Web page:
In my current role at Microsoft, I’m working on a UI SDK product. I hear this concern from some of my team members. More specifically, here’s a paraphrased version of what I hear:
“I talked to my friends in software and they told me it’s better to work on the backend or full-stack to have a fast-tracked career.”
First, I do agree that there are generally more full-stack or backend engineering jobs than purely frontend jobs. I also agree that there’s a general perception that frontend is easy / bunch of scripts / not real engineering, yada yada…
However, I think it’s a short-sighted view. Let me make my point here.
Let’s imagine the UI and UX of a familiar product, Google Maps. You can use Google Maps on your browser or natively on the phone. You can embed Google Maps within your own app on these platforms as well. You can ask Google Maps to give you navigation direction for walking, biking, driving, or ask it to show realtime transit and traffic infomation. If you take a detour, it’ll show you new directions on the fly. You can see the map view, or the 3D view, or a camera view of a location. At night, you can see the dark-mode. It’ll show you how many lanes you have on a road, and how fast you can legally go, in realtime. It’ll let you share your location in realtime with your buddy. You can search using your voice and it’ll also give you turn by turn voice guidance. Let’s not mention avoiding toll-free roads, u-turns, etc.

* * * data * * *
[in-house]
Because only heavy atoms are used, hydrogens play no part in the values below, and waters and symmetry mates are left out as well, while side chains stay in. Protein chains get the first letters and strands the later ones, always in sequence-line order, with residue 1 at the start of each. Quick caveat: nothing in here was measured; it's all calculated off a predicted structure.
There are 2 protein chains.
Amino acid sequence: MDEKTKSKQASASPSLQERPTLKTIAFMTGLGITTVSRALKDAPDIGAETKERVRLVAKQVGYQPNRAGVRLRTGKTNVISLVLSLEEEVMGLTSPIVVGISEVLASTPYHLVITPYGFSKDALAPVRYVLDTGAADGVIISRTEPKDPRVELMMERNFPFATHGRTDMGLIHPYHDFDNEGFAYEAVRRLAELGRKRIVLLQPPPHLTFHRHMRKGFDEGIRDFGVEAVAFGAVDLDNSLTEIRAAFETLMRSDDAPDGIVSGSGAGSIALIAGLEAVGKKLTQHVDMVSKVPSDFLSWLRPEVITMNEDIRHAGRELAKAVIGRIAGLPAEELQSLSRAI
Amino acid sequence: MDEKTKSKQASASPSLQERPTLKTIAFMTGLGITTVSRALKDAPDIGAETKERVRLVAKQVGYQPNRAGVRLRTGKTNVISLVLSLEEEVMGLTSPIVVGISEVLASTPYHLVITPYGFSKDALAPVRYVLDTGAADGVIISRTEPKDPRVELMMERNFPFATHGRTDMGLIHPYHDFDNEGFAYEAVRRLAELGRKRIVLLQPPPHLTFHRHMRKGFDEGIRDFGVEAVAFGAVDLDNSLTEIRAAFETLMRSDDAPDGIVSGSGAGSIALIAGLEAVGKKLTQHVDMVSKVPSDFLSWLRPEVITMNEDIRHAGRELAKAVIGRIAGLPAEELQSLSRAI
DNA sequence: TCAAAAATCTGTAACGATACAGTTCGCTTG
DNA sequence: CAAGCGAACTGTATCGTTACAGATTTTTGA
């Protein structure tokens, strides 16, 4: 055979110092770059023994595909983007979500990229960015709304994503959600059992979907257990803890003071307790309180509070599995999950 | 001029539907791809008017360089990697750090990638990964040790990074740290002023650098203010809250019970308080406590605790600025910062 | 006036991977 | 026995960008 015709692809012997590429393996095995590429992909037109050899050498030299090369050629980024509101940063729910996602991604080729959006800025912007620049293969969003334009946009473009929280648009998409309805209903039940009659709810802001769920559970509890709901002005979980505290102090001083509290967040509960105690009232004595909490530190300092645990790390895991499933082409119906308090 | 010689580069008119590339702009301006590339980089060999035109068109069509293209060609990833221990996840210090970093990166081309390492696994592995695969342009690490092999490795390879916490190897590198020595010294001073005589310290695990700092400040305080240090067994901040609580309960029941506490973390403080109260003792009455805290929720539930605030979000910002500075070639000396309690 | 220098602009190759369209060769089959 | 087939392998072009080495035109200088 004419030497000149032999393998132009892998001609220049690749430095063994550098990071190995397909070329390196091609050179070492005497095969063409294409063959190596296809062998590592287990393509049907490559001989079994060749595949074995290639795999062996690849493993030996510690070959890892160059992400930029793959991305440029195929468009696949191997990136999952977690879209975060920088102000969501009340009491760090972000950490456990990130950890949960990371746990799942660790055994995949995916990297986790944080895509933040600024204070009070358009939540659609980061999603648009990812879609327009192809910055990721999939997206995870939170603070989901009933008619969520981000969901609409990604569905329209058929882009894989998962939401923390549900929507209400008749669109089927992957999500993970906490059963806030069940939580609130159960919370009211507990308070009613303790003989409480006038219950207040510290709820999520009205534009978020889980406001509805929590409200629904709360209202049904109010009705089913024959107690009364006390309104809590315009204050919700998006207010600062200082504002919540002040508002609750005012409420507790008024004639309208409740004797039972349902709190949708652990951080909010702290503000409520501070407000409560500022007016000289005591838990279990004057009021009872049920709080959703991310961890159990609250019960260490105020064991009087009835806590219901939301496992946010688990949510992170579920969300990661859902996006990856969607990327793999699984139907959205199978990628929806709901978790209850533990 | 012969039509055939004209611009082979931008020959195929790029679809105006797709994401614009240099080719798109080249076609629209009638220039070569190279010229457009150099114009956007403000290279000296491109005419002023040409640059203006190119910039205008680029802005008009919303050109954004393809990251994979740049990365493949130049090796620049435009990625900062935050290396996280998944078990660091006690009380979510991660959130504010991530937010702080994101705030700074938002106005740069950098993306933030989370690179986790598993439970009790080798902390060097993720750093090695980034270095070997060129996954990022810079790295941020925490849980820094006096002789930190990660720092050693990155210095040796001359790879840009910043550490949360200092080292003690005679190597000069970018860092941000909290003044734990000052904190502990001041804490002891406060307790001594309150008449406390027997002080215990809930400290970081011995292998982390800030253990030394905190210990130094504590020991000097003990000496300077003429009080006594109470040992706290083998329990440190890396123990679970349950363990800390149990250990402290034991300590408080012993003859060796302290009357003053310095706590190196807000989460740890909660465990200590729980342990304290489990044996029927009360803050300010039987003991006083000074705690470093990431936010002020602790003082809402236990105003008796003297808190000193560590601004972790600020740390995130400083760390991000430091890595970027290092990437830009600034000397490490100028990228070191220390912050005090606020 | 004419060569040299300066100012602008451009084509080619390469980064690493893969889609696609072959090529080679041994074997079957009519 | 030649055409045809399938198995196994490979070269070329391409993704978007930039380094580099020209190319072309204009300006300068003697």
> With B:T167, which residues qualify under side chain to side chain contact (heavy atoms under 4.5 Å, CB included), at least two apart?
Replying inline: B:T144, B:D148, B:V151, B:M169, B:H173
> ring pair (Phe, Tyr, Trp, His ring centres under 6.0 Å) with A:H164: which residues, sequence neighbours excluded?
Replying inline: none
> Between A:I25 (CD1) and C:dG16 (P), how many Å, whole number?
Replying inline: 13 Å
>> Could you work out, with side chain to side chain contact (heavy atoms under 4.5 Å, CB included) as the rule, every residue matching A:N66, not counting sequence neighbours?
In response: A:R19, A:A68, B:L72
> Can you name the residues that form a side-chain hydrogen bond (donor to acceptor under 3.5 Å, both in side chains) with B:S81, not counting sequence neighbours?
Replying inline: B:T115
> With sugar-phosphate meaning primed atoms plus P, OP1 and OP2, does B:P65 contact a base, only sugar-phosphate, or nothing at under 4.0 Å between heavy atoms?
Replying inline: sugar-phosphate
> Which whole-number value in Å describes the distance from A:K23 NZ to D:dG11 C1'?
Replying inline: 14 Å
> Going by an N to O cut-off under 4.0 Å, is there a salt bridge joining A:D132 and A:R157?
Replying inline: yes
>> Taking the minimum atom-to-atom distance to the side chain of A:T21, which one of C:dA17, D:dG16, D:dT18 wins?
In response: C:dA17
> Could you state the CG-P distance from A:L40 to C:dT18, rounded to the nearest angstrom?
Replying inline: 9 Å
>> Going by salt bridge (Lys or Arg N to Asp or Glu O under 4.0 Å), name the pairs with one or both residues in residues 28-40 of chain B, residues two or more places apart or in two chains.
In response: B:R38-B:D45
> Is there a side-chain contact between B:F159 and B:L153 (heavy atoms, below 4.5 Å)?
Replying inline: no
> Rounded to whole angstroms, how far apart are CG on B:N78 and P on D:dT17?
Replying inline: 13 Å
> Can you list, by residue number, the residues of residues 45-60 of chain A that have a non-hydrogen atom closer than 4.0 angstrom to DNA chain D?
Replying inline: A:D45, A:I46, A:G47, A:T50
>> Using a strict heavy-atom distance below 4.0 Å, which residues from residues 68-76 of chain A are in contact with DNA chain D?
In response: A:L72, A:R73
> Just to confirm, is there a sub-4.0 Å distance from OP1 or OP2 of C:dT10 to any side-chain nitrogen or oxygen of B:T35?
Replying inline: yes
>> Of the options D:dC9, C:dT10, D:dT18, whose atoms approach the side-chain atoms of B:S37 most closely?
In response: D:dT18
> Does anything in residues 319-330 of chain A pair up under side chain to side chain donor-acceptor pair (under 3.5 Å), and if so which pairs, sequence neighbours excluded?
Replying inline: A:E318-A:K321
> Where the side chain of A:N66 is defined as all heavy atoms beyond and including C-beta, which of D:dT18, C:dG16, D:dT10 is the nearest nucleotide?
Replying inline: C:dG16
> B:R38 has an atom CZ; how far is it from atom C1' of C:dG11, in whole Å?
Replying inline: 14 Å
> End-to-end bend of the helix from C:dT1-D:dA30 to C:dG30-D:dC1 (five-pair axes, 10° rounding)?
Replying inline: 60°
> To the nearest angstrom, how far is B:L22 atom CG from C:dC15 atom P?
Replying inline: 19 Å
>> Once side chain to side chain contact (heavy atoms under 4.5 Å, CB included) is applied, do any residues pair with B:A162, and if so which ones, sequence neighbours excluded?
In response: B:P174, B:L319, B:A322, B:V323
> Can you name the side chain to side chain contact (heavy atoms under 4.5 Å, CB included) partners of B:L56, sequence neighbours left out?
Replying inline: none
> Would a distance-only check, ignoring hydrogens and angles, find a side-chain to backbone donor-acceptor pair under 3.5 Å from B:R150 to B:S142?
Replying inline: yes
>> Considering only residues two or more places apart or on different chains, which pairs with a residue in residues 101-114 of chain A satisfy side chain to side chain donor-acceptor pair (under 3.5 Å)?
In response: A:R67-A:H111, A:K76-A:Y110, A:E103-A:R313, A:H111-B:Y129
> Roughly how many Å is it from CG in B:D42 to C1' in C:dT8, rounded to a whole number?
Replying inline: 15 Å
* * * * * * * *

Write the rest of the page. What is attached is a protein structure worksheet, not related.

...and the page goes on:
I hope you see the engineering challenge I see in the above paragraph. Very few engineers I know can architect a system such as Google Maps. Since a lot of the engineers choose the path of backend engineering, it’s incredibly hard to find frontend engineers who can pull high impact projects. If you consider yourself above average, and you probably are if you’re reading this blog, you should not follow the path of the average. Instead, if you like building visual products and obsessing about delighting millions or billions of users, you can have a very rewarding and fast-paced career in frontend engineering.
Most of your engineering knowledge is transferrable, irrespective of what part of the stack you work on. After all, you’ll learn to work with people, delight customers, build systems that are robust, scalable, secure, compliant, testable… So, you can move into a different part of the stack at will as long as your foundation is strong.
Modern frontend engineering is complex, but it’s powered by innovative tools. Most of the tooling is open-source and the community is vibrant with lots of conferences and meetups around the world. As a frontend engineer, you can create an outsized impact and differentiate yourself from the masses.